2.9e-45

−0.56 (±0.031)

--- (0.19)

1.6e-74

20

24

58,811,405

rs380879212

A

LMAN1

0.07 (±0.016)

+++ (0.59)

4.5e-05

0.14 (±0.017)

+++ (0.91)

1.9e-15

21

25

27,926,446

rs801168123

A

 

0.27 (±0.09)

?++ (0.44)

2.6e-03

0.55 (±0.093)

?++ (0.45)

4.5e-09

22

27

36,221,754

rs208624037

G

AGPAT6

−0.12 (±0.015)

--- (0.002)

6.1e-16

−0.03 (±0.016)

--- (0.39)

0.11

23

28

35,868,970

NA

A

MBL1

0.17 (±0.054)

? +? (1)

1.7e-03

0.42 (±0.056)

? +? (P = 1)

7.1e-14

24c

29

9,576,277

rs384716744

T

 

0.06 (±0.015)

+++ (0.07)

6.1e-05

0.14 (±0.016)

+++ (0.01)

1.1e-16

25

29

41,836,992

rs471090482

G

 

−0.16 (±0.04)

??- (1)

5.8e-05

−0.35 (±0.045)

??- (1)

6.6e-15

a Populations in order are BV, FV and HOL; ‘+’ and ‘–‘denote positive and negative substitution effects of the alternate allele. ‘?’ indicates that the variant did not segregate in the respective population. The P value of Cochran’s Q test for heterogeneity of the effect sizes across breeds is given in parentheses

b The P value of the top variant (rs208317364) was only slightly less than for a known causal variant (rs109326954) in the DGAT1 gene with a major effect on milk composition in cattle. For completeness, the effect of rs109326954 is shown as well

c QTL was not significant at P < 1e-8 in the within-breed analyses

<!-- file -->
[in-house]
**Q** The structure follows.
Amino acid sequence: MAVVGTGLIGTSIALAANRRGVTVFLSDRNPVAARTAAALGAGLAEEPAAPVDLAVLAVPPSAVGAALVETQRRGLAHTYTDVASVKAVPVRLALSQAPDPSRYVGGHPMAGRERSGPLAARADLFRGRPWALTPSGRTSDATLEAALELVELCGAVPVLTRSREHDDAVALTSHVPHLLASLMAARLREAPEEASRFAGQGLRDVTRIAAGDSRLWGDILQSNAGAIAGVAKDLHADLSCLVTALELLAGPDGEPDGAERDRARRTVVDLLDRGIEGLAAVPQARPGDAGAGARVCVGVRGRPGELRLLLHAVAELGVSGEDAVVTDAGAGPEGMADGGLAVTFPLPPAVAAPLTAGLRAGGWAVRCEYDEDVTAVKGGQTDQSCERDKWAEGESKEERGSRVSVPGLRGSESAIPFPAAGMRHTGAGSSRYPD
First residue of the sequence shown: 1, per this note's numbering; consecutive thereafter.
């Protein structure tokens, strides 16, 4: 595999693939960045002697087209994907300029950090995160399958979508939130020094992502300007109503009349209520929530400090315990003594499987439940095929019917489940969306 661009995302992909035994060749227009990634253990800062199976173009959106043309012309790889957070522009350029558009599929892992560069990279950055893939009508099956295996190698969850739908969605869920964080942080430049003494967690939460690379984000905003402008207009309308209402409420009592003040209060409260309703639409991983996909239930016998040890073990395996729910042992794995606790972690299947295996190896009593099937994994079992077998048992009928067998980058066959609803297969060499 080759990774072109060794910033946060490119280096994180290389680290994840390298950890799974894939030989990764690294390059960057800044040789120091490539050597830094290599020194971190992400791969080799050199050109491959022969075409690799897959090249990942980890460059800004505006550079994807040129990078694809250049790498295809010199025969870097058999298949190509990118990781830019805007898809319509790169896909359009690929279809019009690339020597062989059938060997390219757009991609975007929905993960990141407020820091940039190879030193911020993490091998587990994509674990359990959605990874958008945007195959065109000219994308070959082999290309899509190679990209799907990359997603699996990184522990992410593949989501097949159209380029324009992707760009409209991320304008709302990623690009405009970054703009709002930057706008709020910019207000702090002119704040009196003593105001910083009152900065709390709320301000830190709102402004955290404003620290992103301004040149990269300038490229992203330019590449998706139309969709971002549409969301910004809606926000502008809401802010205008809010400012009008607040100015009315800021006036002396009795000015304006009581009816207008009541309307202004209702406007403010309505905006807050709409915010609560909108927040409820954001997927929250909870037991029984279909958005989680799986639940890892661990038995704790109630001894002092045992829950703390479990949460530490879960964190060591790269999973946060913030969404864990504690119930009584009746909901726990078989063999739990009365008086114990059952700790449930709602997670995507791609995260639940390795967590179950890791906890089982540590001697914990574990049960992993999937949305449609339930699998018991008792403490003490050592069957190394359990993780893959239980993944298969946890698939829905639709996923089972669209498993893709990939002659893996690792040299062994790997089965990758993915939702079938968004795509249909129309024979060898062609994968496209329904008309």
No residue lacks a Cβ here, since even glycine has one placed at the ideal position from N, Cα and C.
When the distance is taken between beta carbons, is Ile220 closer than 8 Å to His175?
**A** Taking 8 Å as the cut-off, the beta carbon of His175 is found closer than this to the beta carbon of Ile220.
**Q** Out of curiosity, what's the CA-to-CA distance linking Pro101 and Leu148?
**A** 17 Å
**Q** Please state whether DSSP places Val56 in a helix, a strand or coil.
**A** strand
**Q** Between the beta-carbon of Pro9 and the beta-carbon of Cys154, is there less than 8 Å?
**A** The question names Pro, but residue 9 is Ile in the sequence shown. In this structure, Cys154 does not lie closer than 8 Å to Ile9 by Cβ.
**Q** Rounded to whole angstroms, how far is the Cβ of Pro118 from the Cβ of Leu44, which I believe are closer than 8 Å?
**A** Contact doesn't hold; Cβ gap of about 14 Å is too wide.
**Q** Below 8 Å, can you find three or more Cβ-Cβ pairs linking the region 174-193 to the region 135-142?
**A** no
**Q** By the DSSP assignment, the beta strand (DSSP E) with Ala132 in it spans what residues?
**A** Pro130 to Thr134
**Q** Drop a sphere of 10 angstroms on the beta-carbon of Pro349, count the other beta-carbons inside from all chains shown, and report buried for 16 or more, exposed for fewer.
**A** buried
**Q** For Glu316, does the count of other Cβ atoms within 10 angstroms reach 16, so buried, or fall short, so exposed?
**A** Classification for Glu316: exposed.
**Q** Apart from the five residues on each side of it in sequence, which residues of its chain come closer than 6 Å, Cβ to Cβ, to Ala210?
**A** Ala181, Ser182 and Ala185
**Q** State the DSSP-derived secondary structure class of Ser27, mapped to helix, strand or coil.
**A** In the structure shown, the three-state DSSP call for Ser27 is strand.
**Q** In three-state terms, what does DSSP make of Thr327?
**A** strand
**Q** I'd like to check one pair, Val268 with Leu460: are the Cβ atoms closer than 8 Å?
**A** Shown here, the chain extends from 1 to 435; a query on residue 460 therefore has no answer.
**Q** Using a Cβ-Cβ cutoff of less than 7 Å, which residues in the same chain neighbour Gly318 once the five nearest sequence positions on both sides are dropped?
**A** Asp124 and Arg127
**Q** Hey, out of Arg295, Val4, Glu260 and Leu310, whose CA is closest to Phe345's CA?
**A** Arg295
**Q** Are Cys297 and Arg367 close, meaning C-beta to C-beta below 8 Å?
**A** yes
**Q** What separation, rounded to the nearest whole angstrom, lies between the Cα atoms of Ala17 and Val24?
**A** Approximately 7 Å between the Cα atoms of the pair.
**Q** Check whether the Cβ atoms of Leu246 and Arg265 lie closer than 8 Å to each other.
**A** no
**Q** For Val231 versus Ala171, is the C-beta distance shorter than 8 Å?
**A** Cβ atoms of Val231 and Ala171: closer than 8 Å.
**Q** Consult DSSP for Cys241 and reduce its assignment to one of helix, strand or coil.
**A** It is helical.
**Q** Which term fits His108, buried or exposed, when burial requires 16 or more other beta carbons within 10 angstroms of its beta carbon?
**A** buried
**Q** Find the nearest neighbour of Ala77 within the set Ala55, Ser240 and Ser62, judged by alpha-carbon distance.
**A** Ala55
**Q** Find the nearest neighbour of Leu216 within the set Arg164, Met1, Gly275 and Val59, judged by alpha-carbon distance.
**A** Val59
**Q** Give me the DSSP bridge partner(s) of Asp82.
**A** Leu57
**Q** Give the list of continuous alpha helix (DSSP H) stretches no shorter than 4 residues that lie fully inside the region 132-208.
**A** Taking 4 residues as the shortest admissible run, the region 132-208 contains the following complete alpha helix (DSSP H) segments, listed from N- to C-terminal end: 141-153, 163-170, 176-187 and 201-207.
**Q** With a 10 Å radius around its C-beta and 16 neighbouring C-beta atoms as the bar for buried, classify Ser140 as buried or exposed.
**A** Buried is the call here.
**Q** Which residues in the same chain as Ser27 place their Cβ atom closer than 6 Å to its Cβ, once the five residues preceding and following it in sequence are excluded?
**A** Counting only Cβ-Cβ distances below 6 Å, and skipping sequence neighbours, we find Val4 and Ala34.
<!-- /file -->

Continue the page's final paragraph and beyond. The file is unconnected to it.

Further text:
Fig. 3
Fig. 3

Meta-analysis of fat and protein percentages in milk across three cattle breeds. (a) Composite manhattan plot that shows the association of 26,473,121 imputed sequence variants with FP and PP in the meta-analysis. The composite manhattan plot summarizes the results of the meta-analyses, i.e., each dot shows the more significant P value that was observed across both traits. Red colours represent sequence variants with P values less than 1e-8. The y-axis is truncated at –log10(1e-40). (b) Quantile-quantile plot of the meta-analyses. Grey and cyan colour represent P values of 26,473,121 imputed sequence variants for FP and PP, respectively. The y-axis is truncated at –log10(1e-10). (c) Overview of 25 QTL that were significant at P < 1e-8 in the meta-analysis and within-breed association studies. Filled squares indicate that QTL were significant in the respective analysis. The labels at the x-axis represent the positon of the top variant at each QTL. (d) Allelic substitution effects of 25 OTL on FP and PP. The QTL effects are given in phenotypic standard deviations. Bold type indicates three causal missense mutations in the ABCG2, DGAT1 and GHR genes